Still, restoring the country’s place in the world will take more than these gestures, plus a good showing at the COP 21 climate change talks in Paris, turning up at various international meetings (G20, Commonwealth, APEC, G-7, NATO, NAFTA), hosting the UN Secretary General, and resettling several tens of thousands of Syrian refugees. All of that, plus upbeat references to Canadian diversity and resourcefulness in Davos and elsewhere won’t be enough to secure election to the UN Security Council in 2021.
Remarkably little been said about the mechanics, retooling and resources which will be essential to support a return to progressive diplomatic activism Sooner or later, the lack of reform and significant reinvestment in international policy institutions, and a faltering commitment to human rights, arms control, and non-proliferation are bound to be noticed. So, too, with the unnecessary intervention in Syria/Iraq, and the incoherent approach to arms exports. The controversial decision to proceed with the $15 billion Saudi arms deal for light armoured vehicles was badly mishandled, as was the flip flop on ISIL’s genocidal practices. The matter of Canadian treatment of Afghan detainees, and the possible commission of war crimes and violation of international humanitarian law, remain unfinished business of the first order. Even spending on official development assistance, despite a marginal increase in the last Budget, remains well below 2011 levels, leaving Canada near the bottom amongst OECD countries, and light years distant from Pearson’s commitment of .7% of GDP.
The deployment of a battle group, frigate and fighter jets to the Baltics under NATO auspices, and a possible defence cooperation agreement with Ukraine will almost certainly be seen as provocative; both have a distinctly retro, Cold War era feel. On these issues, as well as matters related to free trade (TPP, CETA), Middle East peace and conventional European security, the new boss looks disturbingly like the old. All of this undercuts much of the PM’s rhetoric and raises some unsettling questions.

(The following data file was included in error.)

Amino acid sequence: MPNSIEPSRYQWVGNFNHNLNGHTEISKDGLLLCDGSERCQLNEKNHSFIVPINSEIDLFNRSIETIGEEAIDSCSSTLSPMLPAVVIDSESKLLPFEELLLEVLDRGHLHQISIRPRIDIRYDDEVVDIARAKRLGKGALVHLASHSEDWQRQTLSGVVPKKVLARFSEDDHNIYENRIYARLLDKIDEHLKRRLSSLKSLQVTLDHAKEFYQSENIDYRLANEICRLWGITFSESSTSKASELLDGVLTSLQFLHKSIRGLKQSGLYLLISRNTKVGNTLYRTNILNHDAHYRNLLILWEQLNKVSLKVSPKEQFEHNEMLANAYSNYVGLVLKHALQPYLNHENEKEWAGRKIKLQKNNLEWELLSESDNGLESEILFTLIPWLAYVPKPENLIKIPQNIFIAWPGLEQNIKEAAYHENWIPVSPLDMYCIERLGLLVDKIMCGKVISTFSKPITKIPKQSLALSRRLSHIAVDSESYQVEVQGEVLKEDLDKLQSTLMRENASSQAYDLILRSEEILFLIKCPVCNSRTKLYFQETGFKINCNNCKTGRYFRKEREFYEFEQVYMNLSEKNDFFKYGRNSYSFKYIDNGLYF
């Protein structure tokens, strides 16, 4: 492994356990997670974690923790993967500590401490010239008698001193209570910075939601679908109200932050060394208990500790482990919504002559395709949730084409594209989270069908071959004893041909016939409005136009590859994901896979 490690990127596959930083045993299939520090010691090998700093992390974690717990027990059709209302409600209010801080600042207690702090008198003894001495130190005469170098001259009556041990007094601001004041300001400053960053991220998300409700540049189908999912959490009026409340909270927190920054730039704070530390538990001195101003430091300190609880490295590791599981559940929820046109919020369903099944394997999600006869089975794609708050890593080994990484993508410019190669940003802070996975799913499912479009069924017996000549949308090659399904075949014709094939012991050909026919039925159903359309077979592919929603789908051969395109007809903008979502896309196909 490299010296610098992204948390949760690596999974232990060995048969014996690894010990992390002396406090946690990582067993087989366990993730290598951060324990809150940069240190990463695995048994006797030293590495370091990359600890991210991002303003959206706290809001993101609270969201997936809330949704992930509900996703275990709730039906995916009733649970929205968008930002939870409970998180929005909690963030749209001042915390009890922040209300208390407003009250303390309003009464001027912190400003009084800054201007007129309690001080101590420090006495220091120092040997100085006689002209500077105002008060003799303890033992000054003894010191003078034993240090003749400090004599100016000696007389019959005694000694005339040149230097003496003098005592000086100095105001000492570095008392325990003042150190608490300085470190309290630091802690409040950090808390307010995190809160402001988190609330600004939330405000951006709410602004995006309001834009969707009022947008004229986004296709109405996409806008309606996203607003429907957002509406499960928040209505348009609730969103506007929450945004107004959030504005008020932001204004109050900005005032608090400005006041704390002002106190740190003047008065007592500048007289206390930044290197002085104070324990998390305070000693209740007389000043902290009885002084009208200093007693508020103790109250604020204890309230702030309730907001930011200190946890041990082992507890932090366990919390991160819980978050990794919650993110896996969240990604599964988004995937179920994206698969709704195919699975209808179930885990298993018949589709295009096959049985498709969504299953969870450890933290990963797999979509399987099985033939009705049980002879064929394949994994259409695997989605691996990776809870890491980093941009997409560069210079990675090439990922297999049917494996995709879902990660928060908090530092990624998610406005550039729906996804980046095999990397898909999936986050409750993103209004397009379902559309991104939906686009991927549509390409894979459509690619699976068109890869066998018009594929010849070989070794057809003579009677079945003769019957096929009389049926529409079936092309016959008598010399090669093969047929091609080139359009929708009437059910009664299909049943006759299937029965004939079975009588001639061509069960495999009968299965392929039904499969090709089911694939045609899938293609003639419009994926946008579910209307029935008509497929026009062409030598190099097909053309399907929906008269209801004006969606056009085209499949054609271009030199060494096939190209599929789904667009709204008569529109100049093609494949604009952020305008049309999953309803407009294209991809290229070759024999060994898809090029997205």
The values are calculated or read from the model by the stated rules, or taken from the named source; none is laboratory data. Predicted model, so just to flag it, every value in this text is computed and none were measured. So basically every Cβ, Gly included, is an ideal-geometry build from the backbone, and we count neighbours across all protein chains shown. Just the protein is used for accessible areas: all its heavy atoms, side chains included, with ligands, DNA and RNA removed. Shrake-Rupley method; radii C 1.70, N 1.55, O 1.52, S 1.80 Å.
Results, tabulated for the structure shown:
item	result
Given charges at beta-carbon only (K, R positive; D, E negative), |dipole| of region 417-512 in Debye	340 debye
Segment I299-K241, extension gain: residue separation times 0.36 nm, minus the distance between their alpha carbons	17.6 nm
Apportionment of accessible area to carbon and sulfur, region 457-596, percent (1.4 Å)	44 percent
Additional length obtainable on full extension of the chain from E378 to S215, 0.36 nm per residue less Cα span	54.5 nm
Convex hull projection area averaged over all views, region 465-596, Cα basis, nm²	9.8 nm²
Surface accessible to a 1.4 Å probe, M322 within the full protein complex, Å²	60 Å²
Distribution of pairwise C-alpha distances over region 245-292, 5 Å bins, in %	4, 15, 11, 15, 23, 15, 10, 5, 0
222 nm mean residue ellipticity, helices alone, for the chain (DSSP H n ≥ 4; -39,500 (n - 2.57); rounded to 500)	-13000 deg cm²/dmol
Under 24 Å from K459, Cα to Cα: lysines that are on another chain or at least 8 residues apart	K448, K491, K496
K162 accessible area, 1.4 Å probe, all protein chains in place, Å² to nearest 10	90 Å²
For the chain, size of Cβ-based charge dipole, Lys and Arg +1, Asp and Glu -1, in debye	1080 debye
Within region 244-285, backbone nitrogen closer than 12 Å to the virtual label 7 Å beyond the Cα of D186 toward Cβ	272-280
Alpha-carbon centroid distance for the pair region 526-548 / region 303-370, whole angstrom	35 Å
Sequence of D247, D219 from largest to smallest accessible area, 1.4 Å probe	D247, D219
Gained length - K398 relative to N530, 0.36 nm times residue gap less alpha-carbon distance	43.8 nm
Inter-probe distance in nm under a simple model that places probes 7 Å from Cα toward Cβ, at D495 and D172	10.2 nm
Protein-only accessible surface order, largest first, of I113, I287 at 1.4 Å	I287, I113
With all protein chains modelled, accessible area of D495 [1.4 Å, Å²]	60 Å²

What to do?
By way of concrete ideas for global initiatives – and these are at present notable for their absence – a resumption of international peacekeeping training and an intensification of efforts to reach out to the countries of the Asia Pacific, possibly including a return, in cooperation with ASEAN, to Track II activities related to the South China Sea dispute, would reinforce the steps already taken. The Asia Pacific Foundation of Canada has produced some useful new thinking on future Canadian strategy, and Trudeau’s recent visit to China and decision to join the Asian Infrastructure Investment Bank should help to anchor a larger reset in this crucial region. Another possibility – ideally in the context of a broader emphasis on science diplomacy – would be for Canada to lead in negotiating an international convention on the management and stewardship of the world’s freshwater resources.
If the PM is translate his considerable celebrity and charisma into actual international influence – the ability to achieve specified outcomes – and in so doing avoid the risk of plunging into the perilous “say-do gap”, deliberate action will be required. He will need clear priorities and an agenda, a strategy and a plan. Moreover, while defence and development reviews have been launched, all elements of the diplomatic ecosystem – the foreign ministry, foreign service and diplomatic business model – remain under severe stress. The energetic pursuit of full spectrum diplomacy – traditional, public, digital, guerrilla – would generate efficiency and effectiveness gains far beyond those which have been realized to date.
The government’s thinking about the crucial diplomatic dimension, and about international policy and grand strategy more generally, remains ambiguous. The UN speech would be a good place to address these shortcomings and begin to set out the way ahead.